Huntington Beach to reopen second block of Main Street to traffic

Pedestrians walk along Main Street, between Walnut Avenue and Olive Avenue in Huntington Beach.
Pedestrians walk along Main Street, between Walnut Avenue and Olive Avenue, on Wednesday afternoon in Huntington Beach. The Huntington Beach City Council on Tuesday night voted to end the expanded outdoor dining on Main Street, and open the second block to traffic again.
(Kevin Chang / Staff Photographer)

Huntington Beach will reopen the second block of Main Street to vehicular traffic, ending the expanded outdoor dining and retail that has been in place since early in the coronavirus pandemic.

The Huntington Beach City Council voted to reopen the second block on a split 4-3 vote Tuesday night, after hearing input from dozens of residents and receiving 29 emails on the agenda item.

The item was brought forward by Mayor Pro Tem Gracey Van Der Mark, who was joined by Mayor Tony Strickland and Councilmen Casey McKeon and Pat Burns as yes votes. Councilmembers Dan Kalmick, Natalie Moser and Rhonda Bolton were the no votes.


Restaurant owners have until March 1 to remove the expanded dining operations from the street, and parking meters will be re-introduced for the second block as well.

Van Der Mark acknowledged that things could change again. Long-term plans to revitalize downtown and Main Street are in the works, though they were paused by the council at its last meeting on Dec. 20 until more feedback could be received.

For the time being, however, the restaurants and retail shops will have to get out of the street and make way for the cars.

A man jogs along Main Street, between Walnut Avenue and Olive Avenue, on Wednesday afternoon in Huntington Beach.
(Kevin Chang / Staff Photographer)

“Gracey stuck her neck out and walked every single business the last few weeks to talk with them, reach out to them, leave her card to meet with them to understand their concerns,” McKeon said. “There’s been some statements made that if we open it up, we don’t support business, and that couldn’t be further from the truth. We’re trying to find a solution that benefits every single business on Main Street. The last two years exposed some deficiencies, and also presented some opportunities. It’s time to have an adult conversation about this; this haphazard what we have now is unacceptable.”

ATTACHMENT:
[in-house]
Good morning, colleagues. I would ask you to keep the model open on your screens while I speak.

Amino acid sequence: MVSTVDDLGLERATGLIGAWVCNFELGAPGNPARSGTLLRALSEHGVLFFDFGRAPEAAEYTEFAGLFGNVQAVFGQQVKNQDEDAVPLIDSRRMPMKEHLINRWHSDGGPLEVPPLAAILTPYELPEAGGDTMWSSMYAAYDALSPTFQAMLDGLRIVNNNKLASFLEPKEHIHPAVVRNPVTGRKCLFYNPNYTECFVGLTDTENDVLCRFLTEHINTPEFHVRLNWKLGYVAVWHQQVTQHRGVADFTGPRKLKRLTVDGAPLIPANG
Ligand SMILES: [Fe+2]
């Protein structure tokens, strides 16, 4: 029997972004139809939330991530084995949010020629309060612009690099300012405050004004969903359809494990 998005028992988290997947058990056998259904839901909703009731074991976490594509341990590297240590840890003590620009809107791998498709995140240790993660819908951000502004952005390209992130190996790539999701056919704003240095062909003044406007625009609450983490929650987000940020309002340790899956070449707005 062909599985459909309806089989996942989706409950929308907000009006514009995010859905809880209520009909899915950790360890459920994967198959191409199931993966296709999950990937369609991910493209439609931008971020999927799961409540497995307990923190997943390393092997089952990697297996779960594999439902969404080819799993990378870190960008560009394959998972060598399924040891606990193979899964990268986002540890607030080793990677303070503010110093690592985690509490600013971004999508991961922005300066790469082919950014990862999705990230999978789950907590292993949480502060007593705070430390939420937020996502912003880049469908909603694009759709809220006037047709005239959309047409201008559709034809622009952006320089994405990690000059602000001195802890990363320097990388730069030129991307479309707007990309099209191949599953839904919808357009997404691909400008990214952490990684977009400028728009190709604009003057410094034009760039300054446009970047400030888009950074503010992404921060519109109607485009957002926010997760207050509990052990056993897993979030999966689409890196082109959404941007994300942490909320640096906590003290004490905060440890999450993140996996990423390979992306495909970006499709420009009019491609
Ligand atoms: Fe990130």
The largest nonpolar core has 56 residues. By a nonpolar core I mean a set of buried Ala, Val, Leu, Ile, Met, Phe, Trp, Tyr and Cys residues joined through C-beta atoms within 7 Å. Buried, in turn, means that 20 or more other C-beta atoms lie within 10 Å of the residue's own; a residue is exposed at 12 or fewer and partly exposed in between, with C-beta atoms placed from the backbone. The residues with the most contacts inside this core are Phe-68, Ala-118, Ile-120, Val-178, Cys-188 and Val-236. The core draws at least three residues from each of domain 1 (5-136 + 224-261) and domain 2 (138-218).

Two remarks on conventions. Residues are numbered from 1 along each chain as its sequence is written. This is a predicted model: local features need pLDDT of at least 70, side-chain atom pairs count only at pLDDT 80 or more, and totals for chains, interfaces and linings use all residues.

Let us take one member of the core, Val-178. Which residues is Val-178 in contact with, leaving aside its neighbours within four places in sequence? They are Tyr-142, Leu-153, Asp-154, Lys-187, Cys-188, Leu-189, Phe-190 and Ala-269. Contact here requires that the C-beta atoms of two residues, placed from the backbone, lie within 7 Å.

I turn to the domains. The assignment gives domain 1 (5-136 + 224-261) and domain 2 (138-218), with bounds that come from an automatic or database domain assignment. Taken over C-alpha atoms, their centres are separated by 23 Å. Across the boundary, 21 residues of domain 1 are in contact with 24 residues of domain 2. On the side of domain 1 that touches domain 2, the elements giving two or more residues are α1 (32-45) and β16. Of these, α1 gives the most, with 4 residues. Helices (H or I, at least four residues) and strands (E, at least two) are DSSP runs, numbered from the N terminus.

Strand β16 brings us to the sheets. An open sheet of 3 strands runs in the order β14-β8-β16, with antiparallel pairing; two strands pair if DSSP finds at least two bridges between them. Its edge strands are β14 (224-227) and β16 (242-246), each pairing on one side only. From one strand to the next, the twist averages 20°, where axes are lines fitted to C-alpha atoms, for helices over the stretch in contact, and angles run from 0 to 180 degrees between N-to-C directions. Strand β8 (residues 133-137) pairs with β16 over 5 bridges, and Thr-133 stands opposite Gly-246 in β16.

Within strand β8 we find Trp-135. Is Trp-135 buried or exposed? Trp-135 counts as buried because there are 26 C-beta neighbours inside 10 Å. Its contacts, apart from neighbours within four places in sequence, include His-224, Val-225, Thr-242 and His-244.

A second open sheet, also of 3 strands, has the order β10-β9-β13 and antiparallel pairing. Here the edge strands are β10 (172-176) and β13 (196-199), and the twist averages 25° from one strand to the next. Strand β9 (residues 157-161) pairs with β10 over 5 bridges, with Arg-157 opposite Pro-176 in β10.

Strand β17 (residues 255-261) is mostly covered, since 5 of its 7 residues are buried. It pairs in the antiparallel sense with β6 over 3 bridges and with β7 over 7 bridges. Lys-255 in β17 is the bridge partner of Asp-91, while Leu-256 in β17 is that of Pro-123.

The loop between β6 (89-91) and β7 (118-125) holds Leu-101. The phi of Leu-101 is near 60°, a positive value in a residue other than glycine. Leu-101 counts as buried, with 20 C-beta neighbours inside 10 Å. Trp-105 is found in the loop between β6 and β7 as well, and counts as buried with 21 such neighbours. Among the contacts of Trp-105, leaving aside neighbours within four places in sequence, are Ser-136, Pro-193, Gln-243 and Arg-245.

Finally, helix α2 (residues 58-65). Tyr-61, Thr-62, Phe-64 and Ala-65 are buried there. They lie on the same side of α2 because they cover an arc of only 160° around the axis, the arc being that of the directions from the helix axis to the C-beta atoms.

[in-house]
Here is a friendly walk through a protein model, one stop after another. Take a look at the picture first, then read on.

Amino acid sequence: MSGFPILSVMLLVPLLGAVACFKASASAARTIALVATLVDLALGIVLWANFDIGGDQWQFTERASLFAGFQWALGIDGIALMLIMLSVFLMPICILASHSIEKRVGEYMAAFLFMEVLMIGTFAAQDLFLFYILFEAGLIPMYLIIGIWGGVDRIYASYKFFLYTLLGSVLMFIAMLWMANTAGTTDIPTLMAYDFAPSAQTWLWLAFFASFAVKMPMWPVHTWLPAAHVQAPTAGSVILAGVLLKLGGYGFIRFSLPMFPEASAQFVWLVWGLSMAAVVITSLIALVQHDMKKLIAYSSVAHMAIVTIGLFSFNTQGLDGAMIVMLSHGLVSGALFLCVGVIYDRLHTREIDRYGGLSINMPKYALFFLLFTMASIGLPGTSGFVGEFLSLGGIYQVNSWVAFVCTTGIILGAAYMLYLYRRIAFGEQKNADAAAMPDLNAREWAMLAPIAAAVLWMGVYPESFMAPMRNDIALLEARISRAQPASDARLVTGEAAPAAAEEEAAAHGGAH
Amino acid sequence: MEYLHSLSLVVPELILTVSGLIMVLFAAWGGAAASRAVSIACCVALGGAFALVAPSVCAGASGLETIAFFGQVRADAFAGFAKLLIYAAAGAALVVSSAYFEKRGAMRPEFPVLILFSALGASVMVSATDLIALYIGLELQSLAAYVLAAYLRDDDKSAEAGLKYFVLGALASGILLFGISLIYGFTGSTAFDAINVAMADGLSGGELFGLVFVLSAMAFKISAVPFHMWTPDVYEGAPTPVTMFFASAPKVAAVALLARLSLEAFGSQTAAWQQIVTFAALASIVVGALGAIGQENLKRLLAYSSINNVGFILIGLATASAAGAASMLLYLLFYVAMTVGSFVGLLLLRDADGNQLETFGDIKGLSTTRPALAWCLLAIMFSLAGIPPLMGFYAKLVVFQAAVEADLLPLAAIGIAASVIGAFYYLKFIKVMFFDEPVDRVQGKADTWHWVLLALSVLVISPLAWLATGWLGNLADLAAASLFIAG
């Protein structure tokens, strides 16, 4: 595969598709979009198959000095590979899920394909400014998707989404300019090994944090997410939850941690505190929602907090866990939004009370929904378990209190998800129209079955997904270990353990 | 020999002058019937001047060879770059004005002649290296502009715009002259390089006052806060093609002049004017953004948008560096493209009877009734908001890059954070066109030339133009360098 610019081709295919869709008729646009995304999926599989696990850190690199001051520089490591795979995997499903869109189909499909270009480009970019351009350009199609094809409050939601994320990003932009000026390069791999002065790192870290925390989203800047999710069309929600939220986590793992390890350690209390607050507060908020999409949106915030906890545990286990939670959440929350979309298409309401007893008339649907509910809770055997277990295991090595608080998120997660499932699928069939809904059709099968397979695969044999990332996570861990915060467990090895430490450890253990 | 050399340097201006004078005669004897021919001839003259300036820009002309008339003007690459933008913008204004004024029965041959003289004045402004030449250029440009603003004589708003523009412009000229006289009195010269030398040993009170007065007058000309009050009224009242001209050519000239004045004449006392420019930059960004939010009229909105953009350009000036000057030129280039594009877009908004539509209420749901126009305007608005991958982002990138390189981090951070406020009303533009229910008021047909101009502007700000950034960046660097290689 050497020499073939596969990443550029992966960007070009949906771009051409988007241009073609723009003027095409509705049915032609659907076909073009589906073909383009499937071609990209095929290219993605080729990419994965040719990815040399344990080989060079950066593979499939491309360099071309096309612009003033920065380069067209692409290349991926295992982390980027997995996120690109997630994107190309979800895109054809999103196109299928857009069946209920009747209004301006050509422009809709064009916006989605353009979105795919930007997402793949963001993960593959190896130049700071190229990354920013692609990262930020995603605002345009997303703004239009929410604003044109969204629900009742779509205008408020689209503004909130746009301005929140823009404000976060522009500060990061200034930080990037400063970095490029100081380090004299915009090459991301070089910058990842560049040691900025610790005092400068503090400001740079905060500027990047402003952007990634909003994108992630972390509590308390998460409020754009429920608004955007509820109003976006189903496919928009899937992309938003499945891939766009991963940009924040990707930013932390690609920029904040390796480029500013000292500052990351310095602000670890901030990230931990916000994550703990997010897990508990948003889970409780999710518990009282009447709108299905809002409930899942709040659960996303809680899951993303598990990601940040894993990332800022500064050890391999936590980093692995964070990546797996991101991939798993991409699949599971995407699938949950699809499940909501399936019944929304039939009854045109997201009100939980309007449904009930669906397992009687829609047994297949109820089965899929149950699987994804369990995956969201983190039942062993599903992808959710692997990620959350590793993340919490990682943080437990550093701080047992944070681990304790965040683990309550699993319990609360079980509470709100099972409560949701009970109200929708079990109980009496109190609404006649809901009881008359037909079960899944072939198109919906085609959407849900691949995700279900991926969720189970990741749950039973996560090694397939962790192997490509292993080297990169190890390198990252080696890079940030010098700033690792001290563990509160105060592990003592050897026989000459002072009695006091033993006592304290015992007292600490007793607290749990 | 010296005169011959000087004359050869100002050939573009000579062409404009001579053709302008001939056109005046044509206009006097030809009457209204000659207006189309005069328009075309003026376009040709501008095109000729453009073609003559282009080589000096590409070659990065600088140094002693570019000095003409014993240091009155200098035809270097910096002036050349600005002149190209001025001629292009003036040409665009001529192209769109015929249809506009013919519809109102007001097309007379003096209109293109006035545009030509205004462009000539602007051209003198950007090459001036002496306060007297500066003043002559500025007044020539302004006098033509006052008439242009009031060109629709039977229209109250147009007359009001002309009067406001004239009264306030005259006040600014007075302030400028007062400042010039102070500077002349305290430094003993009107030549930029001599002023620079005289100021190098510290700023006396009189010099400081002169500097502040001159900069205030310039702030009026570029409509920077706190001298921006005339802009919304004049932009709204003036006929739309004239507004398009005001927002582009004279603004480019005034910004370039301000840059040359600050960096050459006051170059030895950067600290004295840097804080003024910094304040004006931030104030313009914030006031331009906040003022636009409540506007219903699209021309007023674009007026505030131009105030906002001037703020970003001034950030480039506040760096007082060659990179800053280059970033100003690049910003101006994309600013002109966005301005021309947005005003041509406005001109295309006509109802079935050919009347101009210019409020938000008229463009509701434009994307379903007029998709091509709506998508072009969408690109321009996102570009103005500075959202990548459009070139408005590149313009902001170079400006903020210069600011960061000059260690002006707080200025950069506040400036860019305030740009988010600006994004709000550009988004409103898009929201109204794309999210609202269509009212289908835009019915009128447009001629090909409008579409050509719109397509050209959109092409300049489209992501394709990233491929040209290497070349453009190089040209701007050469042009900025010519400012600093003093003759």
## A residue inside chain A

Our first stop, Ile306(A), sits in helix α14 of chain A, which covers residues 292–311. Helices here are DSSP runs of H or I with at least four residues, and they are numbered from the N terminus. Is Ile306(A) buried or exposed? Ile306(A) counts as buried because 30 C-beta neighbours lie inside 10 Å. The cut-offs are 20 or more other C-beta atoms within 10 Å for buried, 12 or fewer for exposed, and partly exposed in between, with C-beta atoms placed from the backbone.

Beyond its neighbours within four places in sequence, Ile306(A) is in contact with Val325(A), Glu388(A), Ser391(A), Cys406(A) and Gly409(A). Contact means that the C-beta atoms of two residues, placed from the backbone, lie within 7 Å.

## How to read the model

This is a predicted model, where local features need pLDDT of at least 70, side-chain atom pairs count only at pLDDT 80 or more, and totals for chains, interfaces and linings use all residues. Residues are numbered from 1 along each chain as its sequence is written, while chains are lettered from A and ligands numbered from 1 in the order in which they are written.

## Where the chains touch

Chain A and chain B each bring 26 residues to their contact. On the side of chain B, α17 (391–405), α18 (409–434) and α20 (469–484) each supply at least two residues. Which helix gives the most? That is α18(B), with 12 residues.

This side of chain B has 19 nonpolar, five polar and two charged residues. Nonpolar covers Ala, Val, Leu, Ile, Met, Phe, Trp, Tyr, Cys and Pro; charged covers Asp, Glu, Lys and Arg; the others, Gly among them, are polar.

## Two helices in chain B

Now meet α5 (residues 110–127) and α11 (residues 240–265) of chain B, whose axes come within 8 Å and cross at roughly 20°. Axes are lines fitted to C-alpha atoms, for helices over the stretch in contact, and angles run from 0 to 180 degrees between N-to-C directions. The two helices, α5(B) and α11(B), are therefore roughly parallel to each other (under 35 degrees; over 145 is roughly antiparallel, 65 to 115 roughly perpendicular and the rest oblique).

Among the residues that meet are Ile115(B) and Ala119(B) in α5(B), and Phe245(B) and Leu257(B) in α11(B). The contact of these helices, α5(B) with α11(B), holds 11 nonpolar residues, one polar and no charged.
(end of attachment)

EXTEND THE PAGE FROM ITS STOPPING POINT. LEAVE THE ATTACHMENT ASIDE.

McKeon added that the California Department of Alcoholic Beverage Control and the Coastal Commission are expected to release regulations that will affect outdoor seating and alcoholic beverages.

“Let’s jump on it now,” he said. “Let’s be prudent and take the right approach.”

Surf City residents and business owners alike seemed split on leaving the outdoor dining as is, which encourages a European style, pedestrian-friendly communal environment. But some decried the “mish-mash” of umbrellas and tables, and said the lack of parking hurt both business and city revenues from parking meters.

Oscar Carrillo, the general manager of Main Street Wine Co. in the third block of Main Street, told the council he opposed the change back to pre-coronavirus conditions.

“I wish the whole thing was closed down again, all three blocks,” Carrillo said, to applause from some in the crowd. “I think it should be a giant pedestrian area, for all of us. I oppose the agenda item because there’s no plan already [in place]. The majority of the people who have come to Main Street Wine Company have expressed to me that they don’t want to see the outside dining go away ... I think it would be awesome if we could have some sort of pedestrian pavilion walkway down there where you could have music outside, have entertainment outside, where we could sit outside on our sidewalks and enjoy Huntington Beach. This is why we live here.”

A barrier prevents motorists' access along the second block of Main Street in Huntington Beach on Wednesday.
(Kevin Chang / Staff Photographer)

Chanel Fignetti, the daughter of late Huntington Beach surfing icon Rick “Rockin’ Fig” Fignetti, said that she supported reopening the second block to traffic. Rockin’ Fig’s Surf Headquarters is on the third block.

“I do believe that the second block closure is closing down our business,” she said. “My father thought the same thing as well ... People can’t park, and it’s not flowing anymore. Tourists come off [Pacific Coast Highway], they hit that second block and they don’t know where to go. They drive around, they don’t know the area, and then they don’t realize that there’s a third part of Main Street at the top.”

Van Der Mark cited numbers that show city parking revenue has dropped by more than half during the pandemic, from $335,835.41 in 2019 to $151,577.45 in 2022.

But Kalmick said that every resident he’s talked to has loved having the second block closed.

“Why do we want to subsidize private vehicle storage on public property?” he asked. “That’s what we’d be doing by adding parking back. The parking meters are not intended to make money, just as street sweeping is not intended to make money. The parking meters are intended to turn spots.”

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